July 7, 2022

With San Juan Generating Station Unit One retired, rate credits are pending NM Supreme Court decision

Hannah Grover

The San Juan Generating Station is pictured Monday, April 19, 2021, in Waterflow.

Should the New Mexico Supreme Court uphold a state regulators’ order requiring the largest electric utility in the state to issue rate credits following the closure of each remaining unit of the San Juan Generating Station, those rate credits would likely begin during the August billing cycle.

Raymond Sandoval, a spokesman for the Public Service Company of New Mexico, said that the Public Regulation Commission requires the rate credits to start in August and be retroactive to July 1, when Unit One of the San Juan Generating Station was no longer online.

Sandoval said Unit One was taken out of service around 7:30 p.m. June 30.

He said he gets updates on his phone from the San Juan Generating Station when things happen. When the unit was taken out of service, he received an update that he described as “bittersweet.” He said he personally believes that climate change is happening and that retiring the San Juan Generating Station was the right thing to do.

Unit Four, the sole remaining unit, will be retired at the end of September.

The PRC issued the order to provide customers with rate credits at the end of June out of concern that ratepayers could end up paying for maintenance and operation of a shuttered power plant for years after it closes.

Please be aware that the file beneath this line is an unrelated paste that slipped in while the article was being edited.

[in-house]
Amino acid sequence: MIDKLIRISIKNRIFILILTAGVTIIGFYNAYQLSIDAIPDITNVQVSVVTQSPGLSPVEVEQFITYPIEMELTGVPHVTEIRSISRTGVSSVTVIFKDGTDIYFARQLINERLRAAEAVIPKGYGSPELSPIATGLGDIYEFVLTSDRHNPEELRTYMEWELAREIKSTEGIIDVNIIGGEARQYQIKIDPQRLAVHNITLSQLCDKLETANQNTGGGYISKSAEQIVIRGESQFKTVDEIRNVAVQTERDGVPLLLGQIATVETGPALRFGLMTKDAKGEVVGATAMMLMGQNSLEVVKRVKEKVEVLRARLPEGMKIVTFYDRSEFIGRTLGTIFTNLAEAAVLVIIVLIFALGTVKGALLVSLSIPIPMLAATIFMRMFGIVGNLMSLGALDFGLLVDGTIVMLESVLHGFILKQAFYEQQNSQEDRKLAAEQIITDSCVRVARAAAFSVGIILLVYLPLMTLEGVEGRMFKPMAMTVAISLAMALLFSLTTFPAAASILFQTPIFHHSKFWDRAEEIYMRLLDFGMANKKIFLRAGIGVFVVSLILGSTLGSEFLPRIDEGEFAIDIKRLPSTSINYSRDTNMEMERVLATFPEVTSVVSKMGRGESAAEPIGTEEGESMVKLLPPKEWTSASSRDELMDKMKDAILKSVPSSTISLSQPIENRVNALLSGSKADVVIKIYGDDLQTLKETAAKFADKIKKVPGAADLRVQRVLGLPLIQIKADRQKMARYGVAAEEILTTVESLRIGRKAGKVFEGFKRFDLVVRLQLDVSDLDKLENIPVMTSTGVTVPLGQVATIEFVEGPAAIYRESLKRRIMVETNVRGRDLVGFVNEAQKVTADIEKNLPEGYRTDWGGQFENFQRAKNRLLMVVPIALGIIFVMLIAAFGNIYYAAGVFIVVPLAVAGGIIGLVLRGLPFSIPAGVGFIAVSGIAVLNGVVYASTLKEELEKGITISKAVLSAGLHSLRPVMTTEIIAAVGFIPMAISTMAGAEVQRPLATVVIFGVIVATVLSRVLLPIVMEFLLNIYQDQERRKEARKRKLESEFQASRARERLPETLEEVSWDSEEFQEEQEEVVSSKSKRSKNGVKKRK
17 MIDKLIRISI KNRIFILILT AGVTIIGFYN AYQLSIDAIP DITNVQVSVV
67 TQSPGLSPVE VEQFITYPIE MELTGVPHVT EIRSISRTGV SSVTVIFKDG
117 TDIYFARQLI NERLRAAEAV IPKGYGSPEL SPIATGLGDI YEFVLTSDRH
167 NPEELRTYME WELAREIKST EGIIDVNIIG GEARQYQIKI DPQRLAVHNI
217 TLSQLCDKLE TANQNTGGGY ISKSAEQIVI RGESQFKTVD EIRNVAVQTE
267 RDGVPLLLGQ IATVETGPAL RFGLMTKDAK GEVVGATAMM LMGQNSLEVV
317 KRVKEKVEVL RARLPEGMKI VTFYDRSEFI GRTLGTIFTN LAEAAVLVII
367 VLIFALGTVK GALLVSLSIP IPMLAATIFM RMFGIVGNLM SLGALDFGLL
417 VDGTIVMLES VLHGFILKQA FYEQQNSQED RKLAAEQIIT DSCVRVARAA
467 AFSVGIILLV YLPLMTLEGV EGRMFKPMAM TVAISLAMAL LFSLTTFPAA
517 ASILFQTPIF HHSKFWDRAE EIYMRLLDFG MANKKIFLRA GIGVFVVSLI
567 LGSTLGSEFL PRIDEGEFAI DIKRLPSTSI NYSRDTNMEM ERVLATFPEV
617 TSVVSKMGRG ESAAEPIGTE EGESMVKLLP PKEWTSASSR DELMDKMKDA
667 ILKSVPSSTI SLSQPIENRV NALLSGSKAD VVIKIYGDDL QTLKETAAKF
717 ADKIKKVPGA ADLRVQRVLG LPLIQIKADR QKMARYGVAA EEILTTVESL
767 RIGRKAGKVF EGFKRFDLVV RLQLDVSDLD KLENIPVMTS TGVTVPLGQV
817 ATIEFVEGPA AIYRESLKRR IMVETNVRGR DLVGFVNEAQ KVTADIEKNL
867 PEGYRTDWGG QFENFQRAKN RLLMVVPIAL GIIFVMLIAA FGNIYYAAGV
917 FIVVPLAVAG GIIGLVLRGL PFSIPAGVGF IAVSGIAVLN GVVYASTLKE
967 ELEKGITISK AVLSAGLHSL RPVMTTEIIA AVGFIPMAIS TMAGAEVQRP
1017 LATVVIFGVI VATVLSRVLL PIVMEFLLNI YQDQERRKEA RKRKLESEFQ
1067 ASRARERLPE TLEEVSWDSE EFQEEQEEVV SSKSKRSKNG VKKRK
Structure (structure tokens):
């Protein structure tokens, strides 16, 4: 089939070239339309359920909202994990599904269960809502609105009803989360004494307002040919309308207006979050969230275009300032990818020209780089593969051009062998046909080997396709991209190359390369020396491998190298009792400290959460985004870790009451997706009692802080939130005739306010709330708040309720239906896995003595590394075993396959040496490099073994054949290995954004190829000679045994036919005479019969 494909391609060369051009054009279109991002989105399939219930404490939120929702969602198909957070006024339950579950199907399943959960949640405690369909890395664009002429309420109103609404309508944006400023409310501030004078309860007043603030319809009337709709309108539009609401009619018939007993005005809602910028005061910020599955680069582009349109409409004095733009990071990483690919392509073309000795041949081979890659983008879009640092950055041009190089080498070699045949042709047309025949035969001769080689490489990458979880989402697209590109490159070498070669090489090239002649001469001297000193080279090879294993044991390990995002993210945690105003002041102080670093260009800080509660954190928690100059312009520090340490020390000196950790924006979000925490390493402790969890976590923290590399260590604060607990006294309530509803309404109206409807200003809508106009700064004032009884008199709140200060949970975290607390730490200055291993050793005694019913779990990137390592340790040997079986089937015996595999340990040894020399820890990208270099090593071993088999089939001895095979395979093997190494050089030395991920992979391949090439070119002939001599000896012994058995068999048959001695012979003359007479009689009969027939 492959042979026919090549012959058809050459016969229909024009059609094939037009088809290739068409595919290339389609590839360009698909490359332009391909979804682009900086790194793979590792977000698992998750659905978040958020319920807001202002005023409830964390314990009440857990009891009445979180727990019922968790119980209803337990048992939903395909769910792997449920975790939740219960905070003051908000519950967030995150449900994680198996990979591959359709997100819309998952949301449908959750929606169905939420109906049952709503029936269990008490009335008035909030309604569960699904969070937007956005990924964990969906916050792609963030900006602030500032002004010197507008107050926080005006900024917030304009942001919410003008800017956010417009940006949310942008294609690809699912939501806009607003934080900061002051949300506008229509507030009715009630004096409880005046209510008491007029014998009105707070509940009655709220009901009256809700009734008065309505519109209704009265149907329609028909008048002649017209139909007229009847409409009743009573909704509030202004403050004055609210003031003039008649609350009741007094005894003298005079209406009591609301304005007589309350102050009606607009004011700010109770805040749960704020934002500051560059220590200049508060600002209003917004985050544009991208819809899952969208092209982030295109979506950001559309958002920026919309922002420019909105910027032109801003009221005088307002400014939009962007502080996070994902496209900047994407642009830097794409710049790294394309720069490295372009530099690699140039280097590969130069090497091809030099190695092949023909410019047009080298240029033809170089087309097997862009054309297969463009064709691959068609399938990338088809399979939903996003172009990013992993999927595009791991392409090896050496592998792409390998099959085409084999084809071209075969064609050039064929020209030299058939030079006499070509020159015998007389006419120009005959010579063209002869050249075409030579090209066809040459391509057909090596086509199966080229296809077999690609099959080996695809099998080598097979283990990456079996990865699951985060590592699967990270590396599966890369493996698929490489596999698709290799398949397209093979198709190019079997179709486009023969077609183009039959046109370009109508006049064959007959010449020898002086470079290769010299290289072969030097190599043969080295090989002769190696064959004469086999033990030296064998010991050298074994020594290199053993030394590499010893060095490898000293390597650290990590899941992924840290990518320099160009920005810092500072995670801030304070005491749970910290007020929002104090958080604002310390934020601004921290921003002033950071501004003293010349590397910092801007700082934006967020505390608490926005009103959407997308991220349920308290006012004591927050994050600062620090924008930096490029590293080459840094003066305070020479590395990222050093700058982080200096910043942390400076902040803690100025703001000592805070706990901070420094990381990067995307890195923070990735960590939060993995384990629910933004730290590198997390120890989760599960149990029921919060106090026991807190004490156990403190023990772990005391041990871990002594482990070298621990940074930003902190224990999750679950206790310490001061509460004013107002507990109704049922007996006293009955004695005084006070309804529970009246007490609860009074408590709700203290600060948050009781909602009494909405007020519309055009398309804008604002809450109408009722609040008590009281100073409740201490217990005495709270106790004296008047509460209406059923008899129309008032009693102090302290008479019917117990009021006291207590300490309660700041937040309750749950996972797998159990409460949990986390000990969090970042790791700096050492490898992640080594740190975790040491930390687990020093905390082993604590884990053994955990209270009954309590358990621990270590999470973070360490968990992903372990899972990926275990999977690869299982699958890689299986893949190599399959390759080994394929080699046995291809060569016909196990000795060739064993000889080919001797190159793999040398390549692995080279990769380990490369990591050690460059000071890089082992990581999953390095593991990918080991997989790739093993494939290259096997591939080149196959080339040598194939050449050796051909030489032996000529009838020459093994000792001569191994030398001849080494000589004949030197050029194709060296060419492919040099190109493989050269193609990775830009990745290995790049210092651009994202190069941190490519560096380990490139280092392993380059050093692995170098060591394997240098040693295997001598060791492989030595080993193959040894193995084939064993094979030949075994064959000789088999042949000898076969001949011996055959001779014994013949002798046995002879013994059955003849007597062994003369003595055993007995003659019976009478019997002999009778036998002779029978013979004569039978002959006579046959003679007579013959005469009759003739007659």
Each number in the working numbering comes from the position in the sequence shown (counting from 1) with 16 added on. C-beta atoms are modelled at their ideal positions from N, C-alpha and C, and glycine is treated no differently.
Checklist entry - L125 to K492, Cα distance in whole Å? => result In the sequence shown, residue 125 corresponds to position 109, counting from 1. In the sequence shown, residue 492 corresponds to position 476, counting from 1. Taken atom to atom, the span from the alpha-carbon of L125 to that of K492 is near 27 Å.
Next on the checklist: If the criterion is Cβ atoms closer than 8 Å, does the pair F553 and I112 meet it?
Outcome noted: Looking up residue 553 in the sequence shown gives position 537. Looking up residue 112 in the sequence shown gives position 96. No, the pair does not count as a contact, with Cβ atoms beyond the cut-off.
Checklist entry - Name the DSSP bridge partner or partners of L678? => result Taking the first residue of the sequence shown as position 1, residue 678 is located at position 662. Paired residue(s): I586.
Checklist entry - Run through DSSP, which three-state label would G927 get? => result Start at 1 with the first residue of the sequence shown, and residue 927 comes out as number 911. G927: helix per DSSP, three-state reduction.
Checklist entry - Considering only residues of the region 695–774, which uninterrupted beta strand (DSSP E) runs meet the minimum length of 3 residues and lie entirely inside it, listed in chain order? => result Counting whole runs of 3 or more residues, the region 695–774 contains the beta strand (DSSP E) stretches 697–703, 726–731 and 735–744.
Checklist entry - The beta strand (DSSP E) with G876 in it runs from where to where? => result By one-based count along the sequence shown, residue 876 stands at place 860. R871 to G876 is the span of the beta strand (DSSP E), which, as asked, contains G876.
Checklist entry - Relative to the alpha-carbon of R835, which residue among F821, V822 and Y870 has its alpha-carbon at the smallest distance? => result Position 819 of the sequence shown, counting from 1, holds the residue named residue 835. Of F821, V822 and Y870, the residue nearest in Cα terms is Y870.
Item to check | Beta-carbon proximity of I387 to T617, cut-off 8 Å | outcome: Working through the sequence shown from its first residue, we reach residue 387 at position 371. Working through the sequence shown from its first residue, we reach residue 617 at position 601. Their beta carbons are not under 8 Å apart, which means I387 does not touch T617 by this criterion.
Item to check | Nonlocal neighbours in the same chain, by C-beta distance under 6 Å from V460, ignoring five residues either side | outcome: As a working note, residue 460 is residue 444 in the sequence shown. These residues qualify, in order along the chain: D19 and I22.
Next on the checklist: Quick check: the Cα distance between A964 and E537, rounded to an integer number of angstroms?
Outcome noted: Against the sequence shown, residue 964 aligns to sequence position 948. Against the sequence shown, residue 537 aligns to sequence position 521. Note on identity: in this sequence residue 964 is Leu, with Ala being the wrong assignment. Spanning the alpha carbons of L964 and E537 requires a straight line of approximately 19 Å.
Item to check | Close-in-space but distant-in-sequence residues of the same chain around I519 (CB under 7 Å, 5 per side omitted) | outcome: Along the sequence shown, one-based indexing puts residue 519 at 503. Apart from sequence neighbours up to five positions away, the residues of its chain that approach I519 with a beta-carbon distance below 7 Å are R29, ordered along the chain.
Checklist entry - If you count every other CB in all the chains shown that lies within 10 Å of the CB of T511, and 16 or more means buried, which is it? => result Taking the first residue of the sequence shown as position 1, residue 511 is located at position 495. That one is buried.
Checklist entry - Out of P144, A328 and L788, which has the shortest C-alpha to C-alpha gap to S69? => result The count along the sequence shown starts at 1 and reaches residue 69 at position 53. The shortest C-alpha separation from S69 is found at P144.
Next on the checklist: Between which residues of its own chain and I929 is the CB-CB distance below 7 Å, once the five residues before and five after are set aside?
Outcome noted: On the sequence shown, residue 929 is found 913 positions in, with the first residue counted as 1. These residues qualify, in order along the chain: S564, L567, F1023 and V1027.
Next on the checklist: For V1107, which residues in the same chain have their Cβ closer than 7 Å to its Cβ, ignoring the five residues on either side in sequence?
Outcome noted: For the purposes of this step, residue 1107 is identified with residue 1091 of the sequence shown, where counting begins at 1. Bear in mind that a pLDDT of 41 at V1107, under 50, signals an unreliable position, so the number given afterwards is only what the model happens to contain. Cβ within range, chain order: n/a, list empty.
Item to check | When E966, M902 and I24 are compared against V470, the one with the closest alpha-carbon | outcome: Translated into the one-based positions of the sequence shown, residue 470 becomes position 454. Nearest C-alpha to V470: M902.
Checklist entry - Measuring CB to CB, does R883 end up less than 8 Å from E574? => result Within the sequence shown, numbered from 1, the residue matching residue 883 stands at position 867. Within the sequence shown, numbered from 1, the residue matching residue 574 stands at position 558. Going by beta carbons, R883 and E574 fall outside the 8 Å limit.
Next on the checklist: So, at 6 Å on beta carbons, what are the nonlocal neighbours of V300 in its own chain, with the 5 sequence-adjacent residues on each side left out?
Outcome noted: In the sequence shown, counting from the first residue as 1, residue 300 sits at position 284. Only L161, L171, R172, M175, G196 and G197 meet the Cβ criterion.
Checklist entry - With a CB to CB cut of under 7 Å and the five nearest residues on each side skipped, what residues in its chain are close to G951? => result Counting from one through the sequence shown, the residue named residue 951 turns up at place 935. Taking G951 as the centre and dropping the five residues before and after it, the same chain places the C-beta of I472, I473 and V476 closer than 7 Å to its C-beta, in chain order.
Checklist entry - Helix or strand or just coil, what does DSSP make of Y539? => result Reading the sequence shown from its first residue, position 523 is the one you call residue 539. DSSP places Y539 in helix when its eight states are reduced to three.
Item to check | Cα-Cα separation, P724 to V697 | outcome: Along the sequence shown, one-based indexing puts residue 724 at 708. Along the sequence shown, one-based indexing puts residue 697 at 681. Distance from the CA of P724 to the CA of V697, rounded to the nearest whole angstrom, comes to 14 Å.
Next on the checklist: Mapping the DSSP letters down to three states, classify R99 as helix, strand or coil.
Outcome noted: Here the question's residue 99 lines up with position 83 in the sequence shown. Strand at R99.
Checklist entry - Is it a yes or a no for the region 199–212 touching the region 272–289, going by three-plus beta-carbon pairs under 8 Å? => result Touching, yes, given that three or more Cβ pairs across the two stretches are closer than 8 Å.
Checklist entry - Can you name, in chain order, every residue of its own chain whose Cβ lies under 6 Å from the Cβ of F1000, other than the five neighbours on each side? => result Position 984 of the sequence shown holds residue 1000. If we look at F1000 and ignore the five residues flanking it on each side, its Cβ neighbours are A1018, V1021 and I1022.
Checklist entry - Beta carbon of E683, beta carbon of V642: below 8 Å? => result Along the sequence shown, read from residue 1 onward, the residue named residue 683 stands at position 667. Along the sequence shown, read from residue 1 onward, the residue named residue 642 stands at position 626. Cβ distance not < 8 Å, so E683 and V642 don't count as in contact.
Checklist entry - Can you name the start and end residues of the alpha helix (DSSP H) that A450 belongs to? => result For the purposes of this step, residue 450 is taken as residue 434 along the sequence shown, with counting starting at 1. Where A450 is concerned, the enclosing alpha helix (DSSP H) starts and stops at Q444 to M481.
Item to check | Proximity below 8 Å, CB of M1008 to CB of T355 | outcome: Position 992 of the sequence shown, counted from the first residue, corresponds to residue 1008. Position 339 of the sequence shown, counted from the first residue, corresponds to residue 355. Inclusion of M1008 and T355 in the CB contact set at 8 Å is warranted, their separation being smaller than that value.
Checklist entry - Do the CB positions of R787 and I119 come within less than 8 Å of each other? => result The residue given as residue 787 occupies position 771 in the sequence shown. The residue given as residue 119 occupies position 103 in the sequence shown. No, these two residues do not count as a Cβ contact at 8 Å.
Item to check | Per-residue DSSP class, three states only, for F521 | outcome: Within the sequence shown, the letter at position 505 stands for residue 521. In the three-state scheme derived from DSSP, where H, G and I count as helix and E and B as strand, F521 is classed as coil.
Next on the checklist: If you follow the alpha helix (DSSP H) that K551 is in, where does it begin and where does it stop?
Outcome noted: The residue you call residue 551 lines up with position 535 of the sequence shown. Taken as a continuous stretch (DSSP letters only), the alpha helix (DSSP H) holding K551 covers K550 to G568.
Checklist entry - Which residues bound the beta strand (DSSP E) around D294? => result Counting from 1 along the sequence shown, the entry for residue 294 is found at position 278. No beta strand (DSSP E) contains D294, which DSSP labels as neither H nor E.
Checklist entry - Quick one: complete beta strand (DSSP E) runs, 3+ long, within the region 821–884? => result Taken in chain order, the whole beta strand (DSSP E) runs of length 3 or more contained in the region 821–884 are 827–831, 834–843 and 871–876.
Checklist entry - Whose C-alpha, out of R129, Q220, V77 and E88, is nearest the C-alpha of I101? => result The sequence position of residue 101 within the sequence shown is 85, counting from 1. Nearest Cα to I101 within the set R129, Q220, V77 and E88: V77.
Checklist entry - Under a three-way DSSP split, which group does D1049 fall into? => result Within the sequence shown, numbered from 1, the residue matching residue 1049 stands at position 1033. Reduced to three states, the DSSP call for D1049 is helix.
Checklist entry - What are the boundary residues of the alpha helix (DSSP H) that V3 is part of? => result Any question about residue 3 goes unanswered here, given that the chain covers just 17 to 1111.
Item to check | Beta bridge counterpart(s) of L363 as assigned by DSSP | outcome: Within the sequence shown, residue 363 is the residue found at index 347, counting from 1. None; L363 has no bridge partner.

PNM immediately filed a motion for rehearing and a request to stay the order with the PRC. In its filings, it asked for a fast response time to the request to stay. The PRC denied that, stating that PNM’s motion to stay is an important motion that raises questions that will impact public interest.

“It requires deliberation by the Commission and further requires that all the parties to have [sic] sufficient time to file a thoughtful response,” the PRC stated in its order denying PNM’s motion.

One of those parties is New Mexico Affordable Reliable Energy Alliance, which quickly responded in opposition to PNM’s request and said it needs the full 13 days allotted under state law to properly respond to PNM’s motion.

Two days after the PRC issued its order requiring rate credits, PNM asked the state Supreme Court to stay the rate credit and to rule on the case.

Sandoval said that PNM believed it was required to issue the rate credits starting July 1, which was less than 48 hours from when the order was issued. He said the PRC has since stated that PNM has until August to issue the credits.

One of the questions that the NM Supreme Court must decide is if PNM exhausted all administrative remedies before asking the high court to stay the PRC order. Some PNM critics, including Mariel Nanasi, the executive director of New Energy Economy, argue that the utility has not.

In its filing with the Supreme Court, PNM argues that further exhaustion of administrative relief is not appropriate.

“Because the Commission ordered PNM to implement a rate credit before the Commission will consider the Emergency Motion, the Court should find that further efforts to exhaust administrative remedies to obtain an immediate stay from the Commission would be futile,” PNM wrote in its filing.

The PRC’s order comes as the commission has expressed increasing frustration with the state’s largest utility and its handling and interpretation of the Energy Transition Act.